The texturing finishes for this invention should also be inert to the yarn, non-corrosive to carbon steel, non-toxic and :non-flammable; and they should have low volatility.

Particularly suitable organic liquids meeting the above requirements are the esters (monoand di) of a polyethylene Iglycol of molecular weight between and 600 and carboxylic acids of the form R-COOH wherein R is an aliphatic hydrocarbon radical (saturated or unsaturated, str-aight-chain or branched) of 7 to 17 carbon atoms.

Particularly good results have been obtained in this invention by using as texturing finish a liquid organic composition comprising, in an amount not less than 10% by weight of the total mixture, at least one ester of the group consisting of the monolaurate of polyethylene glycol 400, and the bis(2ethyl hexoate) of polyethylene glycol 200. (The numeral at the end of the glycol refers to the nominal molecular weight of the polyethylene glycol before esterification with the indicated carboxylic acid.) Other components of the texturing finish that may be present (but are not necessary) are water, organic diluents or solvents and emulsifying agents.

The bulked yarn product of this invention should preferably contain not less than 0.01% (on weight of yarn) of an ester of said class. To provide such a residual content, the yarn entering the texturing jet should contain not less than 0.03% (on weight of yarn) of the ester.

Boundary friction is a term relating to the capacity of a given finish to impart surface friction to the individual filaments of a treated bundle to hinder slippage with respect to each other. This property may be determined as follows: About 750 yards of yarn are wrapped around a cylinder, 2 inches in diameter and 3 inches long, the yarn containing 0.03 to 5%, based on the weight of yarn, of the texturing finish to be tested. A l2-inch length of the same yann is then placed over the top of the cylinder so that it rests on top of the wrapped yarn and is directed parallel to the turns thereof, while one end of it hangs down and supports a 30-gran1 weight. The other end of the overlaid yarn is attached to a strain gauge. The cylinder is then rotated at a peripheral speed of less than 0.01 cm./sec., so that the strain gauge is under tension. The boundary friction f of the texturing finish is calculated from the equation: T/:efa where T is the average peak tension, in grams, on the strain gauge and a is the angle, in radians, of the wrap described by the single length of yarn on the cylinder.

The process of this invention produces, in the high bulk yarns, a new product having a novel texture, the latter being best defined by the numerical value of a mathematical function qb, defined as follows:

In this expression, DL represents the average diameter or height, in mils, of the random, crunodal loops in the outer filaments of the entangled, convoluted filament mass forming th-e textured yarn, and is determined as indicated below; DC represents the average diameter, in mils, of the yarn core; FL represents the loop frequency, that is, the average number of r-andom, crunodal loops protruding all around the outer surface of the core per inch length of the textured yarn; and W constitutes the denier of the textured yarn. DC, the yarn core diameter (FIG. 2), is the diameter of the bulked mass of filaments, the mass being identified by ignoring the protruding crunodal loops. DG is the over-all diameter. -DC and DG are measured (in mils) by direct observation at a magnification of 25 times. The loop diameter DL is computed as:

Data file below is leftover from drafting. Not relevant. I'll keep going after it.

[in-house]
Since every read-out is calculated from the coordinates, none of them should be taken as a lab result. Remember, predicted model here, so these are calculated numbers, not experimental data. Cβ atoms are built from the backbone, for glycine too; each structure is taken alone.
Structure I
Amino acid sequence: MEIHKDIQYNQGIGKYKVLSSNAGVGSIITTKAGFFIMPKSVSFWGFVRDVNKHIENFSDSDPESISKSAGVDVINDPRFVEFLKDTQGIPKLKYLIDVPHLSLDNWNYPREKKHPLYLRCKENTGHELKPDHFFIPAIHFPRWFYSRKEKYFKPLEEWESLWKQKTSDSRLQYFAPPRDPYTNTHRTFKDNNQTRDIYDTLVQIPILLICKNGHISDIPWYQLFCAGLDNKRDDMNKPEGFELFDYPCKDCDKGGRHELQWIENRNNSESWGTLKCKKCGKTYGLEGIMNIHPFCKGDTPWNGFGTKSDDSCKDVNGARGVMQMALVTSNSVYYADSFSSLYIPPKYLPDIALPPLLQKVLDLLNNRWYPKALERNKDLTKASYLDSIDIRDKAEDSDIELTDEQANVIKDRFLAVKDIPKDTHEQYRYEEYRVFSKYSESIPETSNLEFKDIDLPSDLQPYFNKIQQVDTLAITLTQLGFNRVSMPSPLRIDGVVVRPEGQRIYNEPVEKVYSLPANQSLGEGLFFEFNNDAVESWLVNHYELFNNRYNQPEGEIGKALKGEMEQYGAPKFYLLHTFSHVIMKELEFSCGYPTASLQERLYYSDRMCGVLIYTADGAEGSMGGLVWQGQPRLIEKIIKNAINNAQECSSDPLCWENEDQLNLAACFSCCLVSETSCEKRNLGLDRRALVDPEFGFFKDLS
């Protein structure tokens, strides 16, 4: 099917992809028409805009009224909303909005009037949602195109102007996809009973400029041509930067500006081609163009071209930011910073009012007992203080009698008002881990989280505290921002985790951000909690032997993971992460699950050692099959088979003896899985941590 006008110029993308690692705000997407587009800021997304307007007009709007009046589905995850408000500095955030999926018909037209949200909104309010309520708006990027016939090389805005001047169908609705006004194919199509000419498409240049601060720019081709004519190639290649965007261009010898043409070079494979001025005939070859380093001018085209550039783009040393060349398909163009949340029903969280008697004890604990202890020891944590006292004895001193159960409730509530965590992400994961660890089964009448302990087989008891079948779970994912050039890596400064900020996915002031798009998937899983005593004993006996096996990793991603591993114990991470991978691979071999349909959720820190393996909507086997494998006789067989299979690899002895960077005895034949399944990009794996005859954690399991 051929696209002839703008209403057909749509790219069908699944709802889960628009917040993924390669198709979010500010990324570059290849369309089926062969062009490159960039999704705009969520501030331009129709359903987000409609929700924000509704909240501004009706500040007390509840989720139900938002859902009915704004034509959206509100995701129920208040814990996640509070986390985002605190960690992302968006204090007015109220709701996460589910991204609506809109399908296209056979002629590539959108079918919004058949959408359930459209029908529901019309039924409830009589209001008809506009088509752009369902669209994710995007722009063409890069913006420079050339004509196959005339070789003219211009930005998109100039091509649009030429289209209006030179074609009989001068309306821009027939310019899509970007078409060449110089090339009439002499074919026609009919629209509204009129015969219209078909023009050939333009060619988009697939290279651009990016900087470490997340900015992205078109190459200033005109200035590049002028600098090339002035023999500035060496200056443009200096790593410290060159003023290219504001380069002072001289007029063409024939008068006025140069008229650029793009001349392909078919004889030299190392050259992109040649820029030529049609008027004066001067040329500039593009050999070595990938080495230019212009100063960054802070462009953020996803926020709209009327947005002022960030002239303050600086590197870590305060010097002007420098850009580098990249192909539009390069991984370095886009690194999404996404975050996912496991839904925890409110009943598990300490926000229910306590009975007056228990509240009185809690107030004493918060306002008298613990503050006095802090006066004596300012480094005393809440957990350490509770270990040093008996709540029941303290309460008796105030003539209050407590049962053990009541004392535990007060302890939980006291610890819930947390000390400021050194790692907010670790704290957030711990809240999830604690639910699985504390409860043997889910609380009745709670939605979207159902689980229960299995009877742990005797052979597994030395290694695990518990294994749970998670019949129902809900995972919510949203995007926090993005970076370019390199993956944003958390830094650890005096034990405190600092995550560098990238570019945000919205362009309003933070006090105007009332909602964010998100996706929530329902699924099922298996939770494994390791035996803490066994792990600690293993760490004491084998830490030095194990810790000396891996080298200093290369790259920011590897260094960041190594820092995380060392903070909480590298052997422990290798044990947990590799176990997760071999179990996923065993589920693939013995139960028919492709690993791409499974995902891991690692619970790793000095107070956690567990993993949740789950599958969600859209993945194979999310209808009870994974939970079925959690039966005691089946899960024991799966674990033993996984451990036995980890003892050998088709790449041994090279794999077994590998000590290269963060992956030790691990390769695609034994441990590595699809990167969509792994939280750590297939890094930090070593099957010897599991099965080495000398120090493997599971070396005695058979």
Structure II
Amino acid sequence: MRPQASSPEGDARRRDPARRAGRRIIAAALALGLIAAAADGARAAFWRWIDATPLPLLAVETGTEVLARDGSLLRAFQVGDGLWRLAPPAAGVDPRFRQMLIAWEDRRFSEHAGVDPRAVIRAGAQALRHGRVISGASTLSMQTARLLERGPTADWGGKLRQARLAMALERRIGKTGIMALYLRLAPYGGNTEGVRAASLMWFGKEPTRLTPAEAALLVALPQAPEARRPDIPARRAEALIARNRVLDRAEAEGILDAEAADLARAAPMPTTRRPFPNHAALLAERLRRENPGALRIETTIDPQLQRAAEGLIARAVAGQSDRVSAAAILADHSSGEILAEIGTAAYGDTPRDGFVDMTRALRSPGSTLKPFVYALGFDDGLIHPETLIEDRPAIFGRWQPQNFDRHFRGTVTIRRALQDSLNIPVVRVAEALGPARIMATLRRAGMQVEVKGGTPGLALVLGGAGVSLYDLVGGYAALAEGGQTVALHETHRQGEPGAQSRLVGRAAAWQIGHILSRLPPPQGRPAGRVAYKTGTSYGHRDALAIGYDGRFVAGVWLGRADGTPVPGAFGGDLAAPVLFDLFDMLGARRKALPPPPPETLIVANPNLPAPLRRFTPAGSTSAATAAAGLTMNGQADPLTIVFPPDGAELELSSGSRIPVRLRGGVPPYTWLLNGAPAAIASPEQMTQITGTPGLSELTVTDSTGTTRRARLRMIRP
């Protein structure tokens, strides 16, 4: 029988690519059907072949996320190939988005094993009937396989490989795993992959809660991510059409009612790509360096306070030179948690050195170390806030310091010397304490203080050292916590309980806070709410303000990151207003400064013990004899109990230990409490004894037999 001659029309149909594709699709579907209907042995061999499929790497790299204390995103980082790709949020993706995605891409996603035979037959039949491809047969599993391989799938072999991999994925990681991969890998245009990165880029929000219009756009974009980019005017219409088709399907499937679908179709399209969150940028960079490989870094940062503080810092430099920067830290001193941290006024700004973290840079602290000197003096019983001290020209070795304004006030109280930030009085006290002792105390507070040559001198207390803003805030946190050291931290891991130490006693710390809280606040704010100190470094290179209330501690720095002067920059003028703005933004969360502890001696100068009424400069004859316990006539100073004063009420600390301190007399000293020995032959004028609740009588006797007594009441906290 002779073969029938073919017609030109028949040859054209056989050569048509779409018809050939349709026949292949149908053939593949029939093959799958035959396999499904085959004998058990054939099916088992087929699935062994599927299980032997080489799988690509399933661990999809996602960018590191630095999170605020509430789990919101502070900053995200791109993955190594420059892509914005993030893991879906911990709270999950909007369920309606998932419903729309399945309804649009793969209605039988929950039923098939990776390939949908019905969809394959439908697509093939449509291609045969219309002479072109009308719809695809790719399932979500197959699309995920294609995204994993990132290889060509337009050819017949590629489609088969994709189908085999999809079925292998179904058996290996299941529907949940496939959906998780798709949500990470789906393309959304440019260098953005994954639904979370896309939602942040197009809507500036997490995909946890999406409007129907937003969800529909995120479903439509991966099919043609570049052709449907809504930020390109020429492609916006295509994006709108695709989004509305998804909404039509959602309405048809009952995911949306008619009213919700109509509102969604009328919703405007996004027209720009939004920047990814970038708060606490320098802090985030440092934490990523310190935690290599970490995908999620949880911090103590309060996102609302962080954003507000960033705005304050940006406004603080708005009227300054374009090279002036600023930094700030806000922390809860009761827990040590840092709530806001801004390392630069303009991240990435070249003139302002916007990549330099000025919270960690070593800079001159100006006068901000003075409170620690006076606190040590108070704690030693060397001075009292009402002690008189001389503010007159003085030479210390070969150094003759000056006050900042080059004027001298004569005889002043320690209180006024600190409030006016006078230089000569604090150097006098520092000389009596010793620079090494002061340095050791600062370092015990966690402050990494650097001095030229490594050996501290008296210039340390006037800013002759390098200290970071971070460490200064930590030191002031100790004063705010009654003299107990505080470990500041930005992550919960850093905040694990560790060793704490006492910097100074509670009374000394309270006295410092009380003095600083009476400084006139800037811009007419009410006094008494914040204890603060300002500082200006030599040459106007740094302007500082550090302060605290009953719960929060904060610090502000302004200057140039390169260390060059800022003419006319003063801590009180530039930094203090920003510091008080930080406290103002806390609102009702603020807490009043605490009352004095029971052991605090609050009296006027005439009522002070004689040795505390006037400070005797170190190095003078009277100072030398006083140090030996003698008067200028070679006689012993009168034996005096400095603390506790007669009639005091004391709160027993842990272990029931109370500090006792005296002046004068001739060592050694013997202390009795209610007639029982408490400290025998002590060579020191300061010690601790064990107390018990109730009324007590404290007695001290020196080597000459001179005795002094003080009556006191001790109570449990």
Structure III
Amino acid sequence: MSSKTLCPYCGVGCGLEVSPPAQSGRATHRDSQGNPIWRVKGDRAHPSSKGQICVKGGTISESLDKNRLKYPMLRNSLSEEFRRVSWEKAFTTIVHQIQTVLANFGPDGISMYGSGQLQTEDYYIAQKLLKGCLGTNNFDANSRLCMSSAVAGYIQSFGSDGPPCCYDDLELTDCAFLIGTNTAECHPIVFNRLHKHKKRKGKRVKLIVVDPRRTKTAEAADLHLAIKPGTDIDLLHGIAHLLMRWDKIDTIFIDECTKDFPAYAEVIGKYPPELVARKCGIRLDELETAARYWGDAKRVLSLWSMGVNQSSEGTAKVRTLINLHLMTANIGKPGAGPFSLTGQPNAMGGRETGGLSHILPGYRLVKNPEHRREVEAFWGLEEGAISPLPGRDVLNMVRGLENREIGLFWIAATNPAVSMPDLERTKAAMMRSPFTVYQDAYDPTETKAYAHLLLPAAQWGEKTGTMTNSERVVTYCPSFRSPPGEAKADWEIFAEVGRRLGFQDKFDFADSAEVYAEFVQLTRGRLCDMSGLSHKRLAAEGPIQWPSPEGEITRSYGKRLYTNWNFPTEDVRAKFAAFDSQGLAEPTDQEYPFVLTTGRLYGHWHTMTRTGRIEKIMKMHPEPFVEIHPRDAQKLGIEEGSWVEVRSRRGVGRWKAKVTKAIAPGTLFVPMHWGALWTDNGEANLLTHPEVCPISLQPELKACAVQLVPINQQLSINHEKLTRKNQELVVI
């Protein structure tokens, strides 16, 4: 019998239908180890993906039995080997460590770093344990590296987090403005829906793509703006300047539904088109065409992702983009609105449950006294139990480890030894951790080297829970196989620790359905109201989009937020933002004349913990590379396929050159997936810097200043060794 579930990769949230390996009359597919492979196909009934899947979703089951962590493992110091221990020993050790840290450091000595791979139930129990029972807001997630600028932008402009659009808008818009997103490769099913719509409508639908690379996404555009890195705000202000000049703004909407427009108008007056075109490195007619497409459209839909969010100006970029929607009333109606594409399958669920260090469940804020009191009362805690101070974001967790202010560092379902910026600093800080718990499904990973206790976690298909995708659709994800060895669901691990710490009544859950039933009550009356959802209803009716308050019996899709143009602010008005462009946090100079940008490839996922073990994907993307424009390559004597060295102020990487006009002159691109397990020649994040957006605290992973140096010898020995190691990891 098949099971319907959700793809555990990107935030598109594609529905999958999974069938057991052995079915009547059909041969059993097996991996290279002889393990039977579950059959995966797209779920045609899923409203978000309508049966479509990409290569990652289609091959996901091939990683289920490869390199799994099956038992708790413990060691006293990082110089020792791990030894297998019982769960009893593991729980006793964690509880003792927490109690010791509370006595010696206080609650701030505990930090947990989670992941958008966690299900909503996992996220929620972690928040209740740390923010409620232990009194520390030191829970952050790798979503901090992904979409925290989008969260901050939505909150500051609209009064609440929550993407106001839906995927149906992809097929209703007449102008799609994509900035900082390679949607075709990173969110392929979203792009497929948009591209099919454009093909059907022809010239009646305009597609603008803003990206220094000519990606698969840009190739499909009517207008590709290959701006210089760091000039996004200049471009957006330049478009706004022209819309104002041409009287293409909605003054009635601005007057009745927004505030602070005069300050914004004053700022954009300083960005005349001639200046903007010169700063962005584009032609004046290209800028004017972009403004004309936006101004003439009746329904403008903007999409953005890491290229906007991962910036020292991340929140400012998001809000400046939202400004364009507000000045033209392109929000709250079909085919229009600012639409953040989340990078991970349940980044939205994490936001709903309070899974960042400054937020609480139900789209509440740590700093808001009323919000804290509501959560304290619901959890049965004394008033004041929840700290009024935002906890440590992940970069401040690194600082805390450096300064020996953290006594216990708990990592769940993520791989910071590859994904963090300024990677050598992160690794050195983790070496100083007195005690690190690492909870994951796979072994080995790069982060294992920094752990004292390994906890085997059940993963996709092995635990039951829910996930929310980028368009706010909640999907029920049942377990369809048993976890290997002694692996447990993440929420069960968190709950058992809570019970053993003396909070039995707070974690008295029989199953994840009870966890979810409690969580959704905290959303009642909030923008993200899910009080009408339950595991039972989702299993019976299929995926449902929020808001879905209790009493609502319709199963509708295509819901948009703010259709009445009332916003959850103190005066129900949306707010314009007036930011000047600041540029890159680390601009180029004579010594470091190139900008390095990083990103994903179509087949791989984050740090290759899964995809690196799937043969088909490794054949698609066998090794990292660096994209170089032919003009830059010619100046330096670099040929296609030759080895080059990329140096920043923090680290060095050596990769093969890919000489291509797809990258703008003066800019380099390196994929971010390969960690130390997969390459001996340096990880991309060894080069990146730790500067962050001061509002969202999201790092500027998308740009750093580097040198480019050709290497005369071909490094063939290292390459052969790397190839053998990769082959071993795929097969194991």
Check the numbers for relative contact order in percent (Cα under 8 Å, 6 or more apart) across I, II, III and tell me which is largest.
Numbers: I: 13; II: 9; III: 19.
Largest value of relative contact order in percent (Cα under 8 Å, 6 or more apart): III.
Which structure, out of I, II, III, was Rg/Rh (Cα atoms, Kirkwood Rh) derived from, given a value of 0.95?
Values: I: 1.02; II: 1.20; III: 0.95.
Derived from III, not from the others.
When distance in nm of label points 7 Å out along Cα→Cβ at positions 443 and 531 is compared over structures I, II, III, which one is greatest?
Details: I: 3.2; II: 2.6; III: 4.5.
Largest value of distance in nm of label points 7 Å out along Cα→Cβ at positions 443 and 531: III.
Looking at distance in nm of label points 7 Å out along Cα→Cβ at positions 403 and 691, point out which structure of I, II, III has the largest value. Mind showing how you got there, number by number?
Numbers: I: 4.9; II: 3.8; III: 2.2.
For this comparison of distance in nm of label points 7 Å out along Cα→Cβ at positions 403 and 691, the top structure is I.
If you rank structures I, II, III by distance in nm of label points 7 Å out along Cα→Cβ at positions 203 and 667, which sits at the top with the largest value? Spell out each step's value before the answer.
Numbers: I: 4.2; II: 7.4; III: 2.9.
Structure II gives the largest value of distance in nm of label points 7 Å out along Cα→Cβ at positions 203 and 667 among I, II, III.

The loop frequency FL is also determined by direct observation at 25 X. For accuracy, average diameters are determined by computing an average of 25 measurements, and average loop frequency is determined by computing an average of countings. As thus defined, the high bul-k yarns (overfeed greater than bulked according to the novel process of this invention have consistently been found to have a p-value of 70 to 335, whereas industrial yarns bulked by the hitherto practiced methods have 4S values less than 70.

The novel texture is further characterized by the nurnber of surface loops in relation to the total number of loops per unit of length of the textured yarn. A surface loop is defined as a crunodal loop having its cross-over point separated from the bundle core by a distance equal to or greater than two filament diameters. A bundle loop is defined as one whose filament cross-over is closer than two filament diameters or whose cross-over occurs within the bundle core. The surface loops and bundle loops may be counted by direct observation under low magnification and the result expressed as the percent of surface loops based on the total number of loops per unit length of yarn. 'Ihe new yarns of this invention have at least 15% of all the loops present as surface loops.

The novel high bulk yarn is further characterized by a favorable stability index which equals no more than about 0,1 of the percent denier-.increase effected by the yam passa-ge through the texturing jet. Percent denier-increase may be ymeasured by subtracting from the denier (Db) of a piece of bulked, continuous yarn the denier (Dd) of a debulked piece of the same bulked yarn, the second piece being equal in length to the first piece, dividing the difference by the denier of the debulked yarn and multiplying by thus,

g- X 1 00 Percent denier-increase Debulking is accomplished by individually straightening out (with tweezers or similar appliances) each filament of the piece of yarn so that no loops, entanglement, convolutions, or waviness are in such debulked yarn. The denier of the debulked yarn is not necessarily the same as the denier of the unnbulked yarn. In the yarns cornprehended by this invention, filament length distribution of such debulked yarn is in a normal Gaussian distribution.